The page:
His mission is to restore Nigel Lawson’s income tax settlement: in 1988, when the then chancellor slashed the top rate from 60p to 40p, it affected around 5 per cent of taxpayers. Today, around 14 per cent pay it on incomes above £50,000: to return to Lawson’s top 5 per cent of the population, the threshold would have to be set at £81,000, almost exactly what Boris wants to do. Javid would also abolish the 45p tax rate; I suspect Boris would eventually do the same. Other taxes would go, heralding a new supply-side revolution.

There are technical issues with Boris’s pledge: national insurance thresholds would rise, making the tax cuts a lot less generous than Lawson’s. This would help pensioners, as they don’t pay NICs; presumably this is an added bonus for Boris. Because of devolution, the Scottish Government could refuse to cut income tax, which means that Scots taxpayers could be hammered by the extra NIC (which isn’t currently devolved).

But for every problem there is a solution: the NIC hike in Scotland could be made only to apply if income tax thresholds rise as in England and Wales. The reality is that whoever wins should commission a root and branch investigation into the tax code. But time is scarce, and what counts is the direction of travel.

Boris wants Labour to describe those on £50-£60,000 as “rich”: this will wind up not just the top 20 per cent of the income distribution but also those earning anything above £30,000 who would love to earn more. This is how he hopes to appeal to Remain-voting professionals: swallow leaving the EU, he will say, but in return your taxes would be cut a lot, whereas they would explode under Labour. Boris is trying to disprove the claim that all politics is now about culture and identity.

Javid’s approach is to leverage his rags to riches tale to make the point that, with the right reforms, our society can once again become a social escalator. His inspirational campaign video is a paean to family values, hard work, education and the importance of global capitalism. It beautifully showcases how immigration can help build a strong, coherent, patriotic British society; a vignette at the start of the video shows how his family likes Marmite as well as samosas.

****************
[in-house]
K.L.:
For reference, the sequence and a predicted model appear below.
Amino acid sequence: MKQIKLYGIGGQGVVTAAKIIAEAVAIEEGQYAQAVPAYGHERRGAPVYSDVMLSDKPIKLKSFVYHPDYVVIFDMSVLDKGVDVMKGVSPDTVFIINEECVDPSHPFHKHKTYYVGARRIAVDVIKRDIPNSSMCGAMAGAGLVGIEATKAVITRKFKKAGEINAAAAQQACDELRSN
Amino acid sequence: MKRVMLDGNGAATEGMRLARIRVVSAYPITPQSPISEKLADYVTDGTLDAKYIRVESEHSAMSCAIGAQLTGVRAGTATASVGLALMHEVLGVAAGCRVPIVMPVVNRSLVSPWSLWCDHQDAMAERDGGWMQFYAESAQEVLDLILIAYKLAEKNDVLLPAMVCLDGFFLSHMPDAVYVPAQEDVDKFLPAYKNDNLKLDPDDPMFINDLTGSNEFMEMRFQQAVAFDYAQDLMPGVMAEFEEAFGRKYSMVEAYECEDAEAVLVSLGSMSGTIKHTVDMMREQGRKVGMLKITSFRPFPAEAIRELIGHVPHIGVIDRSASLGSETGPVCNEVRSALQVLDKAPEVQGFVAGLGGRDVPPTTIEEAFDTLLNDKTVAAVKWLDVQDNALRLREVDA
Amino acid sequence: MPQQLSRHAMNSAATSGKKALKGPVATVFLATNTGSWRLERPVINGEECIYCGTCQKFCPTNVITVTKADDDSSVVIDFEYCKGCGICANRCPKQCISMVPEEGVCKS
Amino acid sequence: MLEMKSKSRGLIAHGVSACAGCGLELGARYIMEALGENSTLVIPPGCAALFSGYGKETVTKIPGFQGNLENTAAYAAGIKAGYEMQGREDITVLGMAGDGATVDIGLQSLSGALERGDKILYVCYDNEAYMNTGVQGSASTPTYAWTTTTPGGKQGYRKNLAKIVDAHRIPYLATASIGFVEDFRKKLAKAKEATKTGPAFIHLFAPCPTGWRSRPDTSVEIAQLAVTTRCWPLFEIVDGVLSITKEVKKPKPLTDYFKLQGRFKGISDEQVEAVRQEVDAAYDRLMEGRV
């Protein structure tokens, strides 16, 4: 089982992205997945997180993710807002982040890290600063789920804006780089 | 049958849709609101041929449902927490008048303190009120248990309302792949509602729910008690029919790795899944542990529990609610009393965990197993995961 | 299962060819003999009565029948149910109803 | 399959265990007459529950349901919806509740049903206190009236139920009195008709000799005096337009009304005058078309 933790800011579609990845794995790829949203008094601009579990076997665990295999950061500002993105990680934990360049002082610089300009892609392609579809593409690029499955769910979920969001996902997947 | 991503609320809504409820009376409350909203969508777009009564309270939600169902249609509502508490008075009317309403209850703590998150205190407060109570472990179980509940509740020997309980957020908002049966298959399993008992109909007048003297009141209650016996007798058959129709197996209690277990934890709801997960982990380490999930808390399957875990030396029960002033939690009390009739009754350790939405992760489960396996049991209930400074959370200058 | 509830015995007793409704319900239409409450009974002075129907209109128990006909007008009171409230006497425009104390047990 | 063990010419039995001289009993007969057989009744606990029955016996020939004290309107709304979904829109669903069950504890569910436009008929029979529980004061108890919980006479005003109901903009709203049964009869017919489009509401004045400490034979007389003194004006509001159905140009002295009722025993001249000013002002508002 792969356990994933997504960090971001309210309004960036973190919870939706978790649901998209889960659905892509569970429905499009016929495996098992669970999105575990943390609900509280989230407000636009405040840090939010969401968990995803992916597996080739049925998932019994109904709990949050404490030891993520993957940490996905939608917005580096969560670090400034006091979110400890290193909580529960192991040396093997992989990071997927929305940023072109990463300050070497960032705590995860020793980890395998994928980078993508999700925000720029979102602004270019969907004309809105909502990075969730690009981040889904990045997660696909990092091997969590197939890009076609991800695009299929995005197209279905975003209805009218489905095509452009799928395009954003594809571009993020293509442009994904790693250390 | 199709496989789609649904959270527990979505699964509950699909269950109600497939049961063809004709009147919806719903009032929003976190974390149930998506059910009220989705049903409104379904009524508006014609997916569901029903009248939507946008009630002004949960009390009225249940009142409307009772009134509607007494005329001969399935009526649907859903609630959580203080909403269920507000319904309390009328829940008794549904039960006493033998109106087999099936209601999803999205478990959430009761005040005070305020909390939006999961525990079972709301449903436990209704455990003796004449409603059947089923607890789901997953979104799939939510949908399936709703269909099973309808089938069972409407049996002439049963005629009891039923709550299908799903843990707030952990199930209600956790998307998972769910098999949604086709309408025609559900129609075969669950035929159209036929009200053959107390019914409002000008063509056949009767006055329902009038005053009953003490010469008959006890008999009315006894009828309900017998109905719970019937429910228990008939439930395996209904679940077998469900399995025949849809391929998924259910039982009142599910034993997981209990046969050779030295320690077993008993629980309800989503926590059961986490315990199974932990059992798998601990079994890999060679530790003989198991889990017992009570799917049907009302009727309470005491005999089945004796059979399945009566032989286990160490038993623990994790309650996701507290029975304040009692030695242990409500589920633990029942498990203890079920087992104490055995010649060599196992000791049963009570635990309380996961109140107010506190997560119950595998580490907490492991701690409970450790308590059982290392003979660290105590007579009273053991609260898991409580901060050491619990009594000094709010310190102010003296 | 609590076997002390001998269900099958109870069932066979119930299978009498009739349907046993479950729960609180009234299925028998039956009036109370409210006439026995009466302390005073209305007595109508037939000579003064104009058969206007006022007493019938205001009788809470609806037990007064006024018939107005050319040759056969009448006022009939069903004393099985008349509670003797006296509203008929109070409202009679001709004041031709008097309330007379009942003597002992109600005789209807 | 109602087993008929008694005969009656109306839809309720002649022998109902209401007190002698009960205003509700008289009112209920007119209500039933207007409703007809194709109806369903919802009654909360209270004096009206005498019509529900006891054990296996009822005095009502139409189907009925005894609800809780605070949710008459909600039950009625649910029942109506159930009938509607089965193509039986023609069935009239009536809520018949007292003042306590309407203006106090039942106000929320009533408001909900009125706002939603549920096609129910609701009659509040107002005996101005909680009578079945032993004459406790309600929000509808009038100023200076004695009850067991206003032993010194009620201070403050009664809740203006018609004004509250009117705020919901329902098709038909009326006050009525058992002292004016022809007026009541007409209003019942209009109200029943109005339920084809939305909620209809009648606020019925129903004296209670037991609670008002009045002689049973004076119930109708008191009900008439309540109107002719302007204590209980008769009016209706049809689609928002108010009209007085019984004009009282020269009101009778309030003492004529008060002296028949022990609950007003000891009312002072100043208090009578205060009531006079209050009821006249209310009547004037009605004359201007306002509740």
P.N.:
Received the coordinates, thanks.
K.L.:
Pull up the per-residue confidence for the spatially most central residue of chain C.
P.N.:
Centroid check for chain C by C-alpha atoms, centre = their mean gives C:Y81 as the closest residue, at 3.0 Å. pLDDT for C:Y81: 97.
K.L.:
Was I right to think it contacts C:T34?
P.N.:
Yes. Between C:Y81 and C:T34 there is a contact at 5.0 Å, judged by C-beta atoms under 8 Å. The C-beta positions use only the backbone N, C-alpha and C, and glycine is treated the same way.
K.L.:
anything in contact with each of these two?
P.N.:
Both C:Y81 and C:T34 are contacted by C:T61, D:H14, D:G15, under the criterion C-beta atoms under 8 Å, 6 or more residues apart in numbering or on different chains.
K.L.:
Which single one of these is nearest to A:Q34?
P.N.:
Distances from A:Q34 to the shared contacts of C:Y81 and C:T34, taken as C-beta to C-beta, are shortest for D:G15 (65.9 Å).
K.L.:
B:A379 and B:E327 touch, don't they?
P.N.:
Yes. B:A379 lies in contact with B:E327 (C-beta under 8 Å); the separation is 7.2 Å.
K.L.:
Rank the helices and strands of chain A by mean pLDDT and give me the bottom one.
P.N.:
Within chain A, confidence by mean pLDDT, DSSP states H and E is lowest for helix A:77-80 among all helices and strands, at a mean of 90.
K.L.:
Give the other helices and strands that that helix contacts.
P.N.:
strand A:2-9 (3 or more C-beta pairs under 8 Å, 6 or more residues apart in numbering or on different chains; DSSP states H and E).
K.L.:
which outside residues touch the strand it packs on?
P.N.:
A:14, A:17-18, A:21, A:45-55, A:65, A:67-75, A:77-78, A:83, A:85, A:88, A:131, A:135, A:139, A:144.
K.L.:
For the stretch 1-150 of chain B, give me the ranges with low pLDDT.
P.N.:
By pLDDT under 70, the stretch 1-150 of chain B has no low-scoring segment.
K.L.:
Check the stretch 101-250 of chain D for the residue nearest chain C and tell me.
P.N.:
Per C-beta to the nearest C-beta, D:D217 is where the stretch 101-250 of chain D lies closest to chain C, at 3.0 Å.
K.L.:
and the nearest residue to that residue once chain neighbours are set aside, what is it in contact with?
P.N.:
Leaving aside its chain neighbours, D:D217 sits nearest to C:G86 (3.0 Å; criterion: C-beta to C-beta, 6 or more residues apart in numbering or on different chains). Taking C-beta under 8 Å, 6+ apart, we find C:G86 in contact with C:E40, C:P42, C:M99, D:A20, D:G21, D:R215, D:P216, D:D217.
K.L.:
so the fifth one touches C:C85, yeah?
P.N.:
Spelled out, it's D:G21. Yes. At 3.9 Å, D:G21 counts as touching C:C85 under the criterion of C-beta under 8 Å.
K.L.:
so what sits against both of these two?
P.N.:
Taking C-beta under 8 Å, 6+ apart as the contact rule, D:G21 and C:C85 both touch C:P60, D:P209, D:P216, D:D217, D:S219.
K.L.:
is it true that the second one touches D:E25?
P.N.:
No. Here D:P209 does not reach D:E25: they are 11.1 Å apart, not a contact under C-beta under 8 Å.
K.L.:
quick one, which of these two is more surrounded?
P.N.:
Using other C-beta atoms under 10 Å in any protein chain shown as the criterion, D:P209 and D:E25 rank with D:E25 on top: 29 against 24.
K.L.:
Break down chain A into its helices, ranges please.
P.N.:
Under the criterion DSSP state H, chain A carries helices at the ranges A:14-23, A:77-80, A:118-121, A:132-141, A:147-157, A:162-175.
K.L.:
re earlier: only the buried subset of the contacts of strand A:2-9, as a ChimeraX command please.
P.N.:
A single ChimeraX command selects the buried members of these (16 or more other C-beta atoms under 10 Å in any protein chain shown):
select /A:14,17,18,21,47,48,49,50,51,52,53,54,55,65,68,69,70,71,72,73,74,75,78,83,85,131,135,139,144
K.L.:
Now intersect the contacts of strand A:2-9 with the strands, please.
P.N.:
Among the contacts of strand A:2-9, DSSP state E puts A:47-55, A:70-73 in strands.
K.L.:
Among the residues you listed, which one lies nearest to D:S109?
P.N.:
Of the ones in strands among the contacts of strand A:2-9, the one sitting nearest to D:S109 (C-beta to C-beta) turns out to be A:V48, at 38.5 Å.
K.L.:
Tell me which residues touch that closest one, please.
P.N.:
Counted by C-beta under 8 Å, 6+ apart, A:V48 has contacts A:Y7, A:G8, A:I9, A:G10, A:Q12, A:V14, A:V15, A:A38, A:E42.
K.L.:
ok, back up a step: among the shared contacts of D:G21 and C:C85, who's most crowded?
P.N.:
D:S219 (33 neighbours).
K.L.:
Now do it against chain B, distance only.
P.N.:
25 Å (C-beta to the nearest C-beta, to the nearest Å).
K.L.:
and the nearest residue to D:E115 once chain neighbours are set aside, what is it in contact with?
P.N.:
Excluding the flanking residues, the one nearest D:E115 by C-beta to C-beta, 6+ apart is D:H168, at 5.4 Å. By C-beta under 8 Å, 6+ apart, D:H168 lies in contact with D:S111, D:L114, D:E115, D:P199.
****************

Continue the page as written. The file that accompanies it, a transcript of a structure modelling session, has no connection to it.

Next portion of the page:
Javid is proud to embody a central Tory value: aspiration, the desire to better oneself through one’s own efforts. The welfare state should be a hand-up, not a hand-down; the tax system should raise the necessary funds efficiently but not discourage economic growth. The Tory mission is to boost opportunities to propel as many people upwards as possible. Javid understands poverty: unlike many rich Lefties, he doesn’t romanticise it. He grasps all too well the reality of poor schools, sink estates, crime and chaos, and he is on the side of those who want to progress.

Conservatives always lose when they start to apologise or downplay the central beliefs of their tribe. Self-doubt and self-censorship are lethal in politics: you either believe in your own story, or you don’t. Boris gets it, as do Javid, Raab and some of the other candidates. Let’s hope the parliamentary party does, too.

  • Read Allister Heath's latest column on telegraph.co.uk every Wednesday night from 9.30pm